The success of gene therapy depends on the development of suitable carriers, and because of their architecture dendrimers are promising tools for gene delivery. This research concerns the use of second generation carbosilane dendrimers as carriers for anti-HIV oligodeoxynucleotides (ODNs). The aim was to characterize complexes formed by positively charged dendrimers and negatively charged oligonucleotides using a fluorescence method, laser Doppler electrophoresis, dynamic light scattering (DLS), atomic force microscopy (AFM), transmission electron microscopy (TEM) and molecular modeling. The zeta-potential of ODNs increased from -25 mV to positive values after the addition of dendrimers. DLS and TEM revealed that the diameters of dendriplexes ranged from 75 to 240 nm and from 50 to 260 nm, respectively, and this was dependent on the type of dendrimer and the molar ratios of the complexes formed; complexes were stable for between 100 and 300 minutes. AFM measurements and molecular modeling studies were carried out to determine the structure and size of dendriplexes. The physicochemical properties of the dendriplexes studied and data from previous research suggest that carbosilane dendrimers are good candidates for nucleic acid delivery. Copyright © 2012 American Scientific Publishers All rights reserved.


PubMed | Institute of Biophysics and Cell Engineering of NASB, French National Center for Scientific Research, Russian Academy of Sciences, University of Lodz and University of Alcalá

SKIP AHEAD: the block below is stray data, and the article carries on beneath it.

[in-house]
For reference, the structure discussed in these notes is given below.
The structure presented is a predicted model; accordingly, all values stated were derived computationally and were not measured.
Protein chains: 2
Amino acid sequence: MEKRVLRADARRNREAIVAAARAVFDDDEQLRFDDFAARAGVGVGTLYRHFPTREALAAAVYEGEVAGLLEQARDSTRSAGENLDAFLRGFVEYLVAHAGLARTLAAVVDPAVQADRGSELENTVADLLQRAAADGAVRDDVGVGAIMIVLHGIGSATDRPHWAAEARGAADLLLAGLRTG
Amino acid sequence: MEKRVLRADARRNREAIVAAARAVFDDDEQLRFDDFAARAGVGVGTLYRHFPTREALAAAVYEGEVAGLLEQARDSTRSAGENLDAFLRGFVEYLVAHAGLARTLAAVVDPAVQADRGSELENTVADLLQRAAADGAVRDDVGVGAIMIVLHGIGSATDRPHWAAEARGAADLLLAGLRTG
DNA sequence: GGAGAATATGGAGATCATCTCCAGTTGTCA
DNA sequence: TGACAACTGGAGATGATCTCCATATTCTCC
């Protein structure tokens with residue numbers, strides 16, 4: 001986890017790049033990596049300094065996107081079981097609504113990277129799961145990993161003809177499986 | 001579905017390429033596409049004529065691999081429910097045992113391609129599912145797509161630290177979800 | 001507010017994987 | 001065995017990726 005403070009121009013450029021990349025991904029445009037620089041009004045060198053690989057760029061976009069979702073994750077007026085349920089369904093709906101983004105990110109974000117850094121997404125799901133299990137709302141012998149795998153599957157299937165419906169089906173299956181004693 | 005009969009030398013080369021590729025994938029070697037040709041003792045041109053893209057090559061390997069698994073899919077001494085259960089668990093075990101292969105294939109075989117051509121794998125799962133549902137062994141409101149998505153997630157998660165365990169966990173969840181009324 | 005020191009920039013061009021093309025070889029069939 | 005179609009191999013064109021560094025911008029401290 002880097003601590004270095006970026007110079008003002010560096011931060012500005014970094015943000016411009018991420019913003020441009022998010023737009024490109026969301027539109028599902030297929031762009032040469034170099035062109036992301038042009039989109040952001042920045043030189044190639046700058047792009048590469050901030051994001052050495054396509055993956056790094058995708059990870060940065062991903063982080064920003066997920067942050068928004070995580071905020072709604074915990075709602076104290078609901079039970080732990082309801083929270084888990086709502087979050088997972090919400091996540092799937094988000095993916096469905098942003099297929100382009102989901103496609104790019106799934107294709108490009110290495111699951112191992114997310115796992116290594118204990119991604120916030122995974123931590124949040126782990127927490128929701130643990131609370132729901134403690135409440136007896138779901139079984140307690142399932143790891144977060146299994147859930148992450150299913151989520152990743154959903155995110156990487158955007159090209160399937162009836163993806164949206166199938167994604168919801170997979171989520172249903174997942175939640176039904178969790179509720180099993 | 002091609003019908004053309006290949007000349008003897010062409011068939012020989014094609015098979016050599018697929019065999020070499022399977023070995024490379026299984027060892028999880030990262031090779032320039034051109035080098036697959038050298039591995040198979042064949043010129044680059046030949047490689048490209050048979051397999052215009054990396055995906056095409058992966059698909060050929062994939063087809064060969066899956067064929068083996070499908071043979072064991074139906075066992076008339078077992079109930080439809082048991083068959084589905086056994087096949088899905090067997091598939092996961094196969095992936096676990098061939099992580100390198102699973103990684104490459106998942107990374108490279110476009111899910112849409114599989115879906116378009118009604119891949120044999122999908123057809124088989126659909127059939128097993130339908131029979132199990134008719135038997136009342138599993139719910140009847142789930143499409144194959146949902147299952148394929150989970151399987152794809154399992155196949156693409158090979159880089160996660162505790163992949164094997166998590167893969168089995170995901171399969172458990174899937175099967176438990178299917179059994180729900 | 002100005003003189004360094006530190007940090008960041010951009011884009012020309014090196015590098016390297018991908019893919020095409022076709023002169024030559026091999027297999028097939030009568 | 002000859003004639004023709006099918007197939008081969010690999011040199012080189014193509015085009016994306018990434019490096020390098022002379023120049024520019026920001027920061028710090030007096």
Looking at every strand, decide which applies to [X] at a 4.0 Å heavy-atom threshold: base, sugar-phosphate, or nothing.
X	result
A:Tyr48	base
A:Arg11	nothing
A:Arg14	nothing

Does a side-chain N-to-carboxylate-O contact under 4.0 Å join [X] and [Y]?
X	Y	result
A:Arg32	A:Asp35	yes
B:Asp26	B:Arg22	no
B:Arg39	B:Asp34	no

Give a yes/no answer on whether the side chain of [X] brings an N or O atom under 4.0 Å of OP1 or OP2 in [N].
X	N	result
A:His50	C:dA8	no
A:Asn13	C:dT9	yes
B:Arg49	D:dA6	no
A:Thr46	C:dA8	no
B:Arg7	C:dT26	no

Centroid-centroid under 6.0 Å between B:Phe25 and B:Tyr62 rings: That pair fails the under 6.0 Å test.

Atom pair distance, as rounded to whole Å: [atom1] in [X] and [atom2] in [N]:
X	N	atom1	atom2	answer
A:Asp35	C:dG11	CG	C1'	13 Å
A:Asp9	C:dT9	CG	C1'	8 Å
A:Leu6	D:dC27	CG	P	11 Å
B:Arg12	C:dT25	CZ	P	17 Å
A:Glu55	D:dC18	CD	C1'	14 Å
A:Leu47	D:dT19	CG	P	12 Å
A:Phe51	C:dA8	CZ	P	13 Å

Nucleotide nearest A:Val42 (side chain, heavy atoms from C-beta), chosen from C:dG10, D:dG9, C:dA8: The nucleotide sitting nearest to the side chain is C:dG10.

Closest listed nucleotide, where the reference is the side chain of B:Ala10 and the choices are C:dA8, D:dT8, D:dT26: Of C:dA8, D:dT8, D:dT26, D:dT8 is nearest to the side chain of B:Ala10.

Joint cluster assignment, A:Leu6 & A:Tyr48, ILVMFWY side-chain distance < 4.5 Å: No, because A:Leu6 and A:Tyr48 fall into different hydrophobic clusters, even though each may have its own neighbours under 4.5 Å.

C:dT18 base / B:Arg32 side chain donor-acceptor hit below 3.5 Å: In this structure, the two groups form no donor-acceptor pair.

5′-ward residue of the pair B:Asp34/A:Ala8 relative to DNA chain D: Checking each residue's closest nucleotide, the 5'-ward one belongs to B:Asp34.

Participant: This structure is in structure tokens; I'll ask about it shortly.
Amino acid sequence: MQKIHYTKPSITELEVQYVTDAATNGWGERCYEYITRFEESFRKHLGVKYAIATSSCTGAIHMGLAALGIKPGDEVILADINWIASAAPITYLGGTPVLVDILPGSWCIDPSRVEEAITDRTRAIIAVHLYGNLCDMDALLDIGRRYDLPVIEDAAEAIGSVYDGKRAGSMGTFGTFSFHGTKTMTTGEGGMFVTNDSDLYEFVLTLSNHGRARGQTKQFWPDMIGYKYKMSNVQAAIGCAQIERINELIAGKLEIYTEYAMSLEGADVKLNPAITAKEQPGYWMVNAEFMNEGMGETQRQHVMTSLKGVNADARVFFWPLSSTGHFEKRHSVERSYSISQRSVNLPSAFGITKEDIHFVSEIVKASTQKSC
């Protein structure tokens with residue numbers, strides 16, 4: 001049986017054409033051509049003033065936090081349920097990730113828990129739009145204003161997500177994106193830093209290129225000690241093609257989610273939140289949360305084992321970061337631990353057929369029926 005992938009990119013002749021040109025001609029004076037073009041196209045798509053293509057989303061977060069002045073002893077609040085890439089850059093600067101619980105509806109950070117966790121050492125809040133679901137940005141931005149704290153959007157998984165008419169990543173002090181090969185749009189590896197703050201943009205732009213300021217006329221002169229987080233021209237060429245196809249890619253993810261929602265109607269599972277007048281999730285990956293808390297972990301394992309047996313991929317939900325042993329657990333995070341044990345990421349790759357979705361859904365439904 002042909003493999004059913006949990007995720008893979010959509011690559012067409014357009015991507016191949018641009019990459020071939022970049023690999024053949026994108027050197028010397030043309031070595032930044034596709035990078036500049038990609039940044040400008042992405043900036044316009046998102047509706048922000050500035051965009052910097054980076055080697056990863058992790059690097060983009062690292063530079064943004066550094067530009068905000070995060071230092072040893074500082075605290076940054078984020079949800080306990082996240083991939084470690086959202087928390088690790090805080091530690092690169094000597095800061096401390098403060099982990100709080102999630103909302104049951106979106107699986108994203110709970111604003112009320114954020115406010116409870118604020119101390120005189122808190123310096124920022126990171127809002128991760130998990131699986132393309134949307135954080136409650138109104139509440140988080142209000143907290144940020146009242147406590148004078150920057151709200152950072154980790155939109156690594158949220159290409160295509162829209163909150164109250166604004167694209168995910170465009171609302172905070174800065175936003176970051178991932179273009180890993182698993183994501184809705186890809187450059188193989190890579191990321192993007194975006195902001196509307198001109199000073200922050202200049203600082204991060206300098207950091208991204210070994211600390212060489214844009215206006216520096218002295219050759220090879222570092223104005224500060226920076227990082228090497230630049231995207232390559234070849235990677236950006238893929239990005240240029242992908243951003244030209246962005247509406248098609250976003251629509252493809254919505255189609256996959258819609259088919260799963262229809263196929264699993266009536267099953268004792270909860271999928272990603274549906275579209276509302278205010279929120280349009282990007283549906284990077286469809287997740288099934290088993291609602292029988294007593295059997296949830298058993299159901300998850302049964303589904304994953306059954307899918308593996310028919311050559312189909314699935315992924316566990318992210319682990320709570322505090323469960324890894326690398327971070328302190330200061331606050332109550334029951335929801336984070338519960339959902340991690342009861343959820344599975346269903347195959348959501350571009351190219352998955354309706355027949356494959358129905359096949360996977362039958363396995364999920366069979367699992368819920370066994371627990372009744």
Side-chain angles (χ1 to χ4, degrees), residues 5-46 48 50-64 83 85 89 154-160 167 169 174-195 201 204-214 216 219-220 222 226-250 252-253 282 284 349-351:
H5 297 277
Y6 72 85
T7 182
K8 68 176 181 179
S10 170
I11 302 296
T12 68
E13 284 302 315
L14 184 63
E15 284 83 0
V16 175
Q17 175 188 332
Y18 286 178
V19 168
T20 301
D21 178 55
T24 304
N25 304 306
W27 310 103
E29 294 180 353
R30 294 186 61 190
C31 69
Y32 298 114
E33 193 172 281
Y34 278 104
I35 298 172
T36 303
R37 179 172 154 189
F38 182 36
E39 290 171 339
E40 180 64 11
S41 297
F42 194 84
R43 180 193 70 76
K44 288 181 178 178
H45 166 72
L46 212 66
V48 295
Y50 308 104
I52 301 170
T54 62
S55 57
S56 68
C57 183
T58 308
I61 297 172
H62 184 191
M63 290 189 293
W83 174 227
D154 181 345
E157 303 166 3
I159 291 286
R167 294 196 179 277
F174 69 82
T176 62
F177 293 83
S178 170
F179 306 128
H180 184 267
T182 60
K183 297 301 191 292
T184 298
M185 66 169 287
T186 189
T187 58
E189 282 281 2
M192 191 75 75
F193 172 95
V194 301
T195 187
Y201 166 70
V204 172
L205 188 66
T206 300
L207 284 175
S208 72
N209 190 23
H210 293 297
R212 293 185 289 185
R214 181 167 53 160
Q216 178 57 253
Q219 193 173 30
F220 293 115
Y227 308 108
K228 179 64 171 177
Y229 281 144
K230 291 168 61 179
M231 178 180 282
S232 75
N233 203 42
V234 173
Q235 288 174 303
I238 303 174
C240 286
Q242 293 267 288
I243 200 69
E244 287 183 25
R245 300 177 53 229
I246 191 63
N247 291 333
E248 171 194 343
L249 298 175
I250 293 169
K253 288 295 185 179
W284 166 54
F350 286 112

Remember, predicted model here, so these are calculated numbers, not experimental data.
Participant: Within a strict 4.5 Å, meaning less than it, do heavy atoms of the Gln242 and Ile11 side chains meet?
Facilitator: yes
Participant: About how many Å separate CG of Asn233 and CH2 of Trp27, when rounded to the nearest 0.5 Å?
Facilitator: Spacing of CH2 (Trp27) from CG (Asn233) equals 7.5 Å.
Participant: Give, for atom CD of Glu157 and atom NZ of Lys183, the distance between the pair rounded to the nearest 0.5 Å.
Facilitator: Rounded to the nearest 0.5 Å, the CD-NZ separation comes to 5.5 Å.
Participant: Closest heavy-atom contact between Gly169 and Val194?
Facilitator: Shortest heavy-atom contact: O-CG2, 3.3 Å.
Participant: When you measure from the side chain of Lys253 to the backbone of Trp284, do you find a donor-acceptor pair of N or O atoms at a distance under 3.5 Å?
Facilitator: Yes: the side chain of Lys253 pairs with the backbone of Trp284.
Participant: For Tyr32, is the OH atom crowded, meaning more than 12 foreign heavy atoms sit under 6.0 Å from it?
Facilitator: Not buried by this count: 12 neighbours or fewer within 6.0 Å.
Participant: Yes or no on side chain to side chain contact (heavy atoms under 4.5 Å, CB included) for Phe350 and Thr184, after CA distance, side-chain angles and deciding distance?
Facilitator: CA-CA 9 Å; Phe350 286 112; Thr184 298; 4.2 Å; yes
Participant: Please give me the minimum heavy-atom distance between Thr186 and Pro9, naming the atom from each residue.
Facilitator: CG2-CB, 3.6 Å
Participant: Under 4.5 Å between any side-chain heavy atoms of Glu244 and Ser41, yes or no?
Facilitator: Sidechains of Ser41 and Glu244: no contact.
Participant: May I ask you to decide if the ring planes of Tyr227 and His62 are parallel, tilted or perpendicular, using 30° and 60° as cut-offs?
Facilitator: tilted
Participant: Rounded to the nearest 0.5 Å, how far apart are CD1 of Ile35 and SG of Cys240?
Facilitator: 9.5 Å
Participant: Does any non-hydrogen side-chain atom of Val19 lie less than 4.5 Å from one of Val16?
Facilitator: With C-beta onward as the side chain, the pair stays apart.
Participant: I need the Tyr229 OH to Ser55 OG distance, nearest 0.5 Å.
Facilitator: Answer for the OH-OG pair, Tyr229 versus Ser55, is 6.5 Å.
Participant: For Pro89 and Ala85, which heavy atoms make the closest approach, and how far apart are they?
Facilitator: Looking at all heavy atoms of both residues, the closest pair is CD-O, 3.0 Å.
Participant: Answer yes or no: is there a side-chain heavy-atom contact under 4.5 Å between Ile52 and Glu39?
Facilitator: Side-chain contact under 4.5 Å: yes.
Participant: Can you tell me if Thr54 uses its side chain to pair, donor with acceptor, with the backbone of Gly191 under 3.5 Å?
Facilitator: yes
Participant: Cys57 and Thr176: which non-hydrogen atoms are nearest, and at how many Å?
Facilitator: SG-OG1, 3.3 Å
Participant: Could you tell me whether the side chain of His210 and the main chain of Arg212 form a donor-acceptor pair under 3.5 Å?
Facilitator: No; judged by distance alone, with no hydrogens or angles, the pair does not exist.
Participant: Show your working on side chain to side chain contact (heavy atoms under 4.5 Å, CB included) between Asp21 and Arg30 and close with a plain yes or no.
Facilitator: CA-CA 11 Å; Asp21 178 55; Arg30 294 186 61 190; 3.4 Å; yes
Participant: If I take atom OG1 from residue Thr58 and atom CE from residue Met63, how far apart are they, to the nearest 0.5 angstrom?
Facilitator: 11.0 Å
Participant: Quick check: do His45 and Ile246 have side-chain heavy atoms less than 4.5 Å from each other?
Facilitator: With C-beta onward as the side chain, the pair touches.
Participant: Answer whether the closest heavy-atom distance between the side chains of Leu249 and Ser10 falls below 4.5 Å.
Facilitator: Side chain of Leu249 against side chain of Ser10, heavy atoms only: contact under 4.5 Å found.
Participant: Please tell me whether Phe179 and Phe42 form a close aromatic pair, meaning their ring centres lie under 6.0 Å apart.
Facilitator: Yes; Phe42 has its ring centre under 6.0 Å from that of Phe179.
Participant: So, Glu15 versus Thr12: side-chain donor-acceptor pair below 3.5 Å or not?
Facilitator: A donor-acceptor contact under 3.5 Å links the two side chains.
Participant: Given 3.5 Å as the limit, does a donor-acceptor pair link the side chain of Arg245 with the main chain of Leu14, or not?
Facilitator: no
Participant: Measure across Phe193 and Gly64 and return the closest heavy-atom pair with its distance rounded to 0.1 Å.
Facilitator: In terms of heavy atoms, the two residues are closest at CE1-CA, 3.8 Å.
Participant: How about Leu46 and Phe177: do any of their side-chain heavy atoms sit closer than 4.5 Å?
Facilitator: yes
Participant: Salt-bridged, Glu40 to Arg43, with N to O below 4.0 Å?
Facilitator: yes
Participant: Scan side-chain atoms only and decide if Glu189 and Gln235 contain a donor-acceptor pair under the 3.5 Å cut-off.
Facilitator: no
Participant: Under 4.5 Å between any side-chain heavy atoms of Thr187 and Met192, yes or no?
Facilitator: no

Type: Journal Article | Journal: International journal of pharmaceutics | Year: 2015

This paper examines a perspective on the use of newly engineered nanomaterials as effective and safe carriers of genes for the therapy of cancer. Three different groups of cationic dendrimers (PAMAM, phosphorus and carbosilane) were complexed with anticancer siRNA and their biophysical properties of the dendriplexes analyzed. The potential of the dendrimers as nanocarriers for anticancer siBcl-xl, siBcl-2, siMcl-1 siRNAs and a siScrambled sequence was explored. Dendrimer/siRNA complexes were characterized by methods including fluorescence, zeta potential, dynamic light scattering, circular dichroism, gel electrophoresis and transmission electron microscopy. Some of the experiments were done with heparin to check if siRNA can be easily disassociated from the complexes, and whether released siRNA maintains its structure after interaction with the dendrimer. The results indicate that siRNAs form complexes with all the dendrimers tested. Oligoribonucleotide duplexes can be released from dendriplexes after heparin treatment and the structure of siRNA is maintained in the case of PAMAM or carbosilane dendrimers. The dendrimers were also effective in protecting siRNA from RNase A activity. The selection of the best siRNA carrier will be made based on cell culture studies (Part B).